Authors propose two categories of situational moderators of gender in negotiation: situational ambiguity and gender triggers. Reducing the degree of situational ambiguity constrains the influence of gender on negotiation. Gender triggers prompt divergent behavioral responses as a function of gender. Field and lab studies (1 and 2) demonstrate that decreased ambiguity in the economic structure of a negotiation (structural ambiguity) reduces gender effects on negotiation performance. Study 3 shows representation role (negotiating for self or other) functions as a gender trigger by producing a greater effect on female than male negotiation performance. Study 4 shows decreased structural ambiguity constrains gender effects of representation role, suggesting situational ambiguity and gender triggers work in interaction to moderate gender effects on negotiation performance. (This paper is a revision of RWP02-037.)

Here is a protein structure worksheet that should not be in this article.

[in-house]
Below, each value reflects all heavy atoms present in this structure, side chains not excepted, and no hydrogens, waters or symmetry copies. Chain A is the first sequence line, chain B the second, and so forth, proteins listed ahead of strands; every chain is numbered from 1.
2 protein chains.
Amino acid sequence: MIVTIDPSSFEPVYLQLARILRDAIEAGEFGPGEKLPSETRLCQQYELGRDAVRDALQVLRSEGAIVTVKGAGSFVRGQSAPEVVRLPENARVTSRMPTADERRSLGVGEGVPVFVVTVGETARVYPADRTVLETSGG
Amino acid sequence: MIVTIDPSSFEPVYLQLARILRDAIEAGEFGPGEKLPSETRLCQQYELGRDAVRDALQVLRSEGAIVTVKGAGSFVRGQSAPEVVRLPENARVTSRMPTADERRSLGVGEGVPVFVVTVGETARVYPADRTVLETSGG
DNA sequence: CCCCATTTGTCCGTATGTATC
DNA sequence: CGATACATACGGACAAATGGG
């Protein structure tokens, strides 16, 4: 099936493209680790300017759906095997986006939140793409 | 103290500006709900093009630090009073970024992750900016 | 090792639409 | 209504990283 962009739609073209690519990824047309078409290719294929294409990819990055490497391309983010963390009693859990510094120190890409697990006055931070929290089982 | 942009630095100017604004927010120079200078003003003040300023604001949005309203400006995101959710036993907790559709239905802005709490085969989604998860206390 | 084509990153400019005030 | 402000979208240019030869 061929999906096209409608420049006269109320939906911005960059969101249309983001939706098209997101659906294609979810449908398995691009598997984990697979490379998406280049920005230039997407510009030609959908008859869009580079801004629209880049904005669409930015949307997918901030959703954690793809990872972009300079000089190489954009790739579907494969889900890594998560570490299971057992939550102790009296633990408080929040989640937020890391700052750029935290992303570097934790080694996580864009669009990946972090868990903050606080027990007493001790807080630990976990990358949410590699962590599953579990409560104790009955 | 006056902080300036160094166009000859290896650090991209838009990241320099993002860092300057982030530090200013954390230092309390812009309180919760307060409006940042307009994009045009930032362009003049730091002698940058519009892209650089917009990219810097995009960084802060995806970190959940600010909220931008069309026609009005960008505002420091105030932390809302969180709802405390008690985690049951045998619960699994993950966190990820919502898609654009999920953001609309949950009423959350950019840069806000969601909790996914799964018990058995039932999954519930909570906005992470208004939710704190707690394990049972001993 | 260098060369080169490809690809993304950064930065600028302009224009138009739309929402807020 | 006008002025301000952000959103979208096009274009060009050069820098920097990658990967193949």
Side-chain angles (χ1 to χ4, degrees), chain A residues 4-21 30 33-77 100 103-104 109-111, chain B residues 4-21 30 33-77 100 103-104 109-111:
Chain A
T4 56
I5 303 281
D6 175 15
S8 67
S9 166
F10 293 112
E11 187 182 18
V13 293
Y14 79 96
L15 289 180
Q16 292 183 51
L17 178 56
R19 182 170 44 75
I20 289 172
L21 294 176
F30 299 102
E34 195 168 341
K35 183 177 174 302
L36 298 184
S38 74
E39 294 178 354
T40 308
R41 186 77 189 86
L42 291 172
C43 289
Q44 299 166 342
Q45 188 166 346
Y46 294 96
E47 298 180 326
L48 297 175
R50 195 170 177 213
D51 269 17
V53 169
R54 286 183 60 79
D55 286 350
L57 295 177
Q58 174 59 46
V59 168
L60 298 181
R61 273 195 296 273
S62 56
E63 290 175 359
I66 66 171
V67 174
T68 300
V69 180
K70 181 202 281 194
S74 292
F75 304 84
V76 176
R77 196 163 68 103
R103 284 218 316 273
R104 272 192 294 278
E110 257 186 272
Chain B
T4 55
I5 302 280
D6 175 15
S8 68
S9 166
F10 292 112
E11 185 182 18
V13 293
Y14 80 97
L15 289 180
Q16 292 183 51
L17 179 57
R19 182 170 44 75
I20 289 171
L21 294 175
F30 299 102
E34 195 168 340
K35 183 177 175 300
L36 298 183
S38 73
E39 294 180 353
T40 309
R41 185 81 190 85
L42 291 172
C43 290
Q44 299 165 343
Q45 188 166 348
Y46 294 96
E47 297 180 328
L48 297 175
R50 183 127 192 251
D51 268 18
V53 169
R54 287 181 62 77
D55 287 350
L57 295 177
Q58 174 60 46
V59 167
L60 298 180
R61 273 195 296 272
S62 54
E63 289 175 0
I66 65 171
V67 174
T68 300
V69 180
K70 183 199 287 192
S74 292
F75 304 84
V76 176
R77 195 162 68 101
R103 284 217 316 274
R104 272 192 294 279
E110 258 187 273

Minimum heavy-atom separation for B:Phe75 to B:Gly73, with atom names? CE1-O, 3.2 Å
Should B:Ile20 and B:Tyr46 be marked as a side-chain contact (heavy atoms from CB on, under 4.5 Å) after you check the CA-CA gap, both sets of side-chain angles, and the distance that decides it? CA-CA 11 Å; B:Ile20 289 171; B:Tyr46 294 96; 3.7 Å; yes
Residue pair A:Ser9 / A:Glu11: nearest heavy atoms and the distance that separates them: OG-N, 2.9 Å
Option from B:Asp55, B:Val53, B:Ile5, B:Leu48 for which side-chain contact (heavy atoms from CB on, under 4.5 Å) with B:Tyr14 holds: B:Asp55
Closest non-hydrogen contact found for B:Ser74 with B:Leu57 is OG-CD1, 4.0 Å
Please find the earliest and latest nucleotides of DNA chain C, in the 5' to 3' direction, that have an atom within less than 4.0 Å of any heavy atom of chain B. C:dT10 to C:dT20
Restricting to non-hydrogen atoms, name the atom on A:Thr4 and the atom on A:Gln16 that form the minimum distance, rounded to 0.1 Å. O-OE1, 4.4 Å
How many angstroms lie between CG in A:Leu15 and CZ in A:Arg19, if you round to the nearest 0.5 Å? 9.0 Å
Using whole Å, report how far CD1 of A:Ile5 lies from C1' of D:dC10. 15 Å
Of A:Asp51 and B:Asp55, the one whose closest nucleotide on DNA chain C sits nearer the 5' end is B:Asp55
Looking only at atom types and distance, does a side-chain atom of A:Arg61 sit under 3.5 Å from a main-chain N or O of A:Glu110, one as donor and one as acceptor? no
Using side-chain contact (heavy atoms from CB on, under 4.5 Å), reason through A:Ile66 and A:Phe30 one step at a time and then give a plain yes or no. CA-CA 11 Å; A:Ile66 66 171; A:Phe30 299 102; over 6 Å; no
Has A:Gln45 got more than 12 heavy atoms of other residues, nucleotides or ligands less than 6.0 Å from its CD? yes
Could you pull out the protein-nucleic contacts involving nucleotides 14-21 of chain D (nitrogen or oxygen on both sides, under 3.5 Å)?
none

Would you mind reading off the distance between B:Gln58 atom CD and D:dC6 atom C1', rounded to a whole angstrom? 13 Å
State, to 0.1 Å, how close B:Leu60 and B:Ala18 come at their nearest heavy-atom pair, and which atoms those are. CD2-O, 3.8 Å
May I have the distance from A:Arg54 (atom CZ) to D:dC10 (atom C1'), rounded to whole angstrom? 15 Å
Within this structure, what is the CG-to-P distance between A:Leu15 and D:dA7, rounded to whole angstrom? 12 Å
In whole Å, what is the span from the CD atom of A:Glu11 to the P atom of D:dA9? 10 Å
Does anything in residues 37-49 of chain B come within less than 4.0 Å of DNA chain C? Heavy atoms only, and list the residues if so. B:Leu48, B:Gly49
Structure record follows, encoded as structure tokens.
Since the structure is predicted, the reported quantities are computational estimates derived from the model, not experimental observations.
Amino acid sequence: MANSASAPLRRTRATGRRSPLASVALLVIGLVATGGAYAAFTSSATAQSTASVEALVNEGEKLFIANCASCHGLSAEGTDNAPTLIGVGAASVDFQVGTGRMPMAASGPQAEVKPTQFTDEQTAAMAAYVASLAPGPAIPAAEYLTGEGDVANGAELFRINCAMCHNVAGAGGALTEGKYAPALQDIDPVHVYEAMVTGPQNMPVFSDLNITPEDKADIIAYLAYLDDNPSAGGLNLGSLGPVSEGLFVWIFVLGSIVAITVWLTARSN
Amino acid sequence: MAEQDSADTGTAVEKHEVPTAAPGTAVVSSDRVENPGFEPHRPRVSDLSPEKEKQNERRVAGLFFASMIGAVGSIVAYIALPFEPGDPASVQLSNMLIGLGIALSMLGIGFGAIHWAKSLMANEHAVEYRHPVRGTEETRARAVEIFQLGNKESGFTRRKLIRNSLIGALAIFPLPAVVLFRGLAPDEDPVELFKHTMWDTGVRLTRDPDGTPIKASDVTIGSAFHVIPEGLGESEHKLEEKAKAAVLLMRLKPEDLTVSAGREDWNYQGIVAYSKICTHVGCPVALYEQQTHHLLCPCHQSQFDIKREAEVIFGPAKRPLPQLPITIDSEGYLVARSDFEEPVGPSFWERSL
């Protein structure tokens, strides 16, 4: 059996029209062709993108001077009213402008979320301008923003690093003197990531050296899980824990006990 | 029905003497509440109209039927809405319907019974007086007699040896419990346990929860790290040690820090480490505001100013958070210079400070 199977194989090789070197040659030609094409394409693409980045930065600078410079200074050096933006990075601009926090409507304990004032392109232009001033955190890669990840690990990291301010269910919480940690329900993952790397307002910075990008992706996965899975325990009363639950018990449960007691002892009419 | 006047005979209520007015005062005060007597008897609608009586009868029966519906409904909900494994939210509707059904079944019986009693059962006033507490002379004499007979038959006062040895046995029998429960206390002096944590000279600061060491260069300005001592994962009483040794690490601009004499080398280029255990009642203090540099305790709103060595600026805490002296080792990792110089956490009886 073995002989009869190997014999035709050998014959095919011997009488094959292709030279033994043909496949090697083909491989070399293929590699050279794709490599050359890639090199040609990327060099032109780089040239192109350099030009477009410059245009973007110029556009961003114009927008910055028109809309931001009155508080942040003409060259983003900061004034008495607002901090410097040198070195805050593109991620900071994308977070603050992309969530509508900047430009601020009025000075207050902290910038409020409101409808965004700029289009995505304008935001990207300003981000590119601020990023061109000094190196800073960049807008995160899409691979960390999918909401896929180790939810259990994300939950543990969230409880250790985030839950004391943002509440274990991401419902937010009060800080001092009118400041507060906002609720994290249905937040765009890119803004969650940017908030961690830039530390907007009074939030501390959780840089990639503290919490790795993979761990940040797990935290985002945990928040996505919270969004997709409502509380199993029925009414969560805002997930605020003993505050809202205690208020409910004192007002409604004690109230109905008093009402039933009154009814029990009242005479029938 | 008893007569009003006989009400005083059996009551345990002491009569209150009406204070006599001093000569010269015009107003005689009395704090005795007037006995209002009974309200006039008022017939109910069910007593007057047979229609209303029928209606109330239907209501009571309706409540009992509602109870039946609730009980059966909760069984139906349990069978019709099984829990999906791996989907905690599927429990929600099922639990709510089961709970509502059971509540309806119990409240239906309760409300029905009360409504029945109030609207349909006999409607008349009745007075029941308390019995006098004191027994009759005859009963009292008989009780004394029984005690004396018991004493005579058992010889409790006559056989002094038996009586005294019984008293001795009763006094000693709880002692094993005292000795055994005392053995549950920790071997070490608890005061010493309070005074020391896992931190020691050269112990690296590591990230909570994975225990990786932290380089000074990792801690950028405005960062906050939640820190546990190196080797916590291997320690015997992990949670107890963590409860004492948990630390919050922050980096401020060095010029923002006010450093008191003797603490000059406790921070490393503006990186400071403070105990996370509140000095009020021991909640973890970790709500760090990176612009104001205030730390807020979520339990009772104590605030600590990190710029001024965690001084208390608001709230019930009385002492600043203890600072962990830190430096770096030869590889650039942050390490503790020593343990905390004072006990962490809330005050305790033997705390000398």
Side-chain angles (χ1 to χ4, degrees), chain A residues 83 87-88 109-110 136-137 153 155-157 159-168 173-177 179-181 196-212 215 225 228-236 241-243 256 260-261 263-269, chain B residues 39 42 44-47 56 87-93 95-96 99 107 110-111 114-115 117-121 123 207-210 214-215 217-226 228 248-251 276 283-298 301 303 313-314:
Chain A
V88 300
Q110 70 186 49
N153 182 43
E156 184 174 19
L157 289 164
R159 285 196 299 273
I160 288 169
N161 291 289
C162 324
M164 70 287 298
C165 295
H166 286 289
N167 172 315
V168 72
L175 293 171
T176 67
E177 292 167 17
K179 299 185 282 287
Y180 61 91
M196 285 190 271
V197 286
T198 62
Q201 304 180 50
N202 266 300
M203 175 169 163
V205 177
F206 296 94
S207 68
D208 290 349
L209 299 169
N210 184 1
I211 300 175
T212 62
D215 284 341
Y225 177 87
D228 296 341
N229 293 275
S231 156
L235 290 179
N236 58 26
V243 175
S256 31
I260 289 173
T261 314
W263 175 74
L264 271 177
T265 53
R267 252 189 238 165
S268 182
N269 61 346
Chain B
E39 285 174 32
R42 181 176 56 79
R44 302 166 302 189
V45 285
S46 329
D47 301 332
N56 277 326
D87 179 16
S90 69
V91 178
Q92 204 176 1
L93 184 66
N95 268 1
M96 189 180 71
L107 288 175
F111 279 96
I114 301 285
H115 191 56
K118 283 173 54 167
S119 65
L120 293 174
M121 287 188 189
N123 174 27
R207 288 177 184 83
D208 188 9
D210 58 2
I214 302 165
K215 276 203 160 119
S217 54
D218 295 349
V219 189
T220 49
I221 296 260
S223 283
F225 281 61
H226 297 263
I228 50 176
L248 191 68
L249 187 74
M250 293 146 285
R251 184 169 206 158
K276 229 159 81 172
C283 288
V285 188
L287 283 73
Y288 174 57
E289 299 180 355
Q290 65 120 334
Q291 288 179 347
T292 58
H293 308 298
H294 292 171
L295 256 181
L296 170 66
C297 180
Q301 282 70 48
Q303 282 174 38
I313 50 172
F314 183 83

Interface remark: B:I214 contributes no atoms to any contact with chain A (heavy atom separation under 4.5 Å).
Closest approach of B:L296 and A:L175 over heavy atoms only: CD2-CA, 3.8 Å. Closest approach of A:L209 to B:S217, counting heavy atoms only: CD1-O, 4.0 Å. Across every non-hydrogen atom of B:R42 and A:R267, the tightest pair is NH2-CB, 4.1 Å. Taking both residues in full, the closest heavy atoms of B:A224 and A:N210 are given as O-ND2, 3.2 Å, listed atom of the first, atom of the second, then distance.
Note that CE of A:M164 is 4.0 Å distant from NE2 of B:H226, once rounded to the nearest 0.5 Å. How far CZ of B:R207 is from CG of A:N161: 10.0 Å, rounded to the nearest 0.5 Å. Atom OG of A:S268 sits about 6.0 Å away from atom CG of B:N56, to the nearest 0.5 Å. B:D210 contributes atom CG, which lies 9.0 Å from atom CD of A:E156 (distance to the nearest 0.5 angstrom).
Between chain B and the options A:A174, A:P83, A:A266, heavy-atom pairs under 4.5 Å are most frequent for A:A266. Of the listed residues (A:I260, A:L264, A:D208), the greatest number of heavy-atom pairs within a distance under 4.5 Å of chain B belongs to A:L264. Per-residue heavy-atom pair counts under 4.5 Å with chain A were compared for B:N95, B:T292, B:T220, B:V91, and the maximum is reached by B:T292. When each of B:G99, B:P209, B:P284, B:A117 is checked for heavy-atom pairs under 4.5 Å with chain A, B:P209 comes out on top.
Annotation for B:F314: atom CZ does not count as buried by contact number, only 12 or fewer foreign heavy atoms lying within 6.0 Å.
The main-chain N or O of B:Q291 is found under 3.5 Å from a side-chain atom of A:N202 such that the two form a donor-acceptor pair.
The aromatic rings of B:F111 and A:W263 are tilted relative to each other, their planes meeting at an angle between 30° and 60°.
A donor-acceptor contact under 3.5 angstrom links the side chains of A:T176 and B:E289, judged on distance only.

Bowles, Hannah Riley, Linda Babcock, and Kathleen L. McGinn. "Constraints and Triggers: Situational Mechanics of Gender in Negotiation." KSG Faculty Research Working Paper Series RWP05-051, September 2005.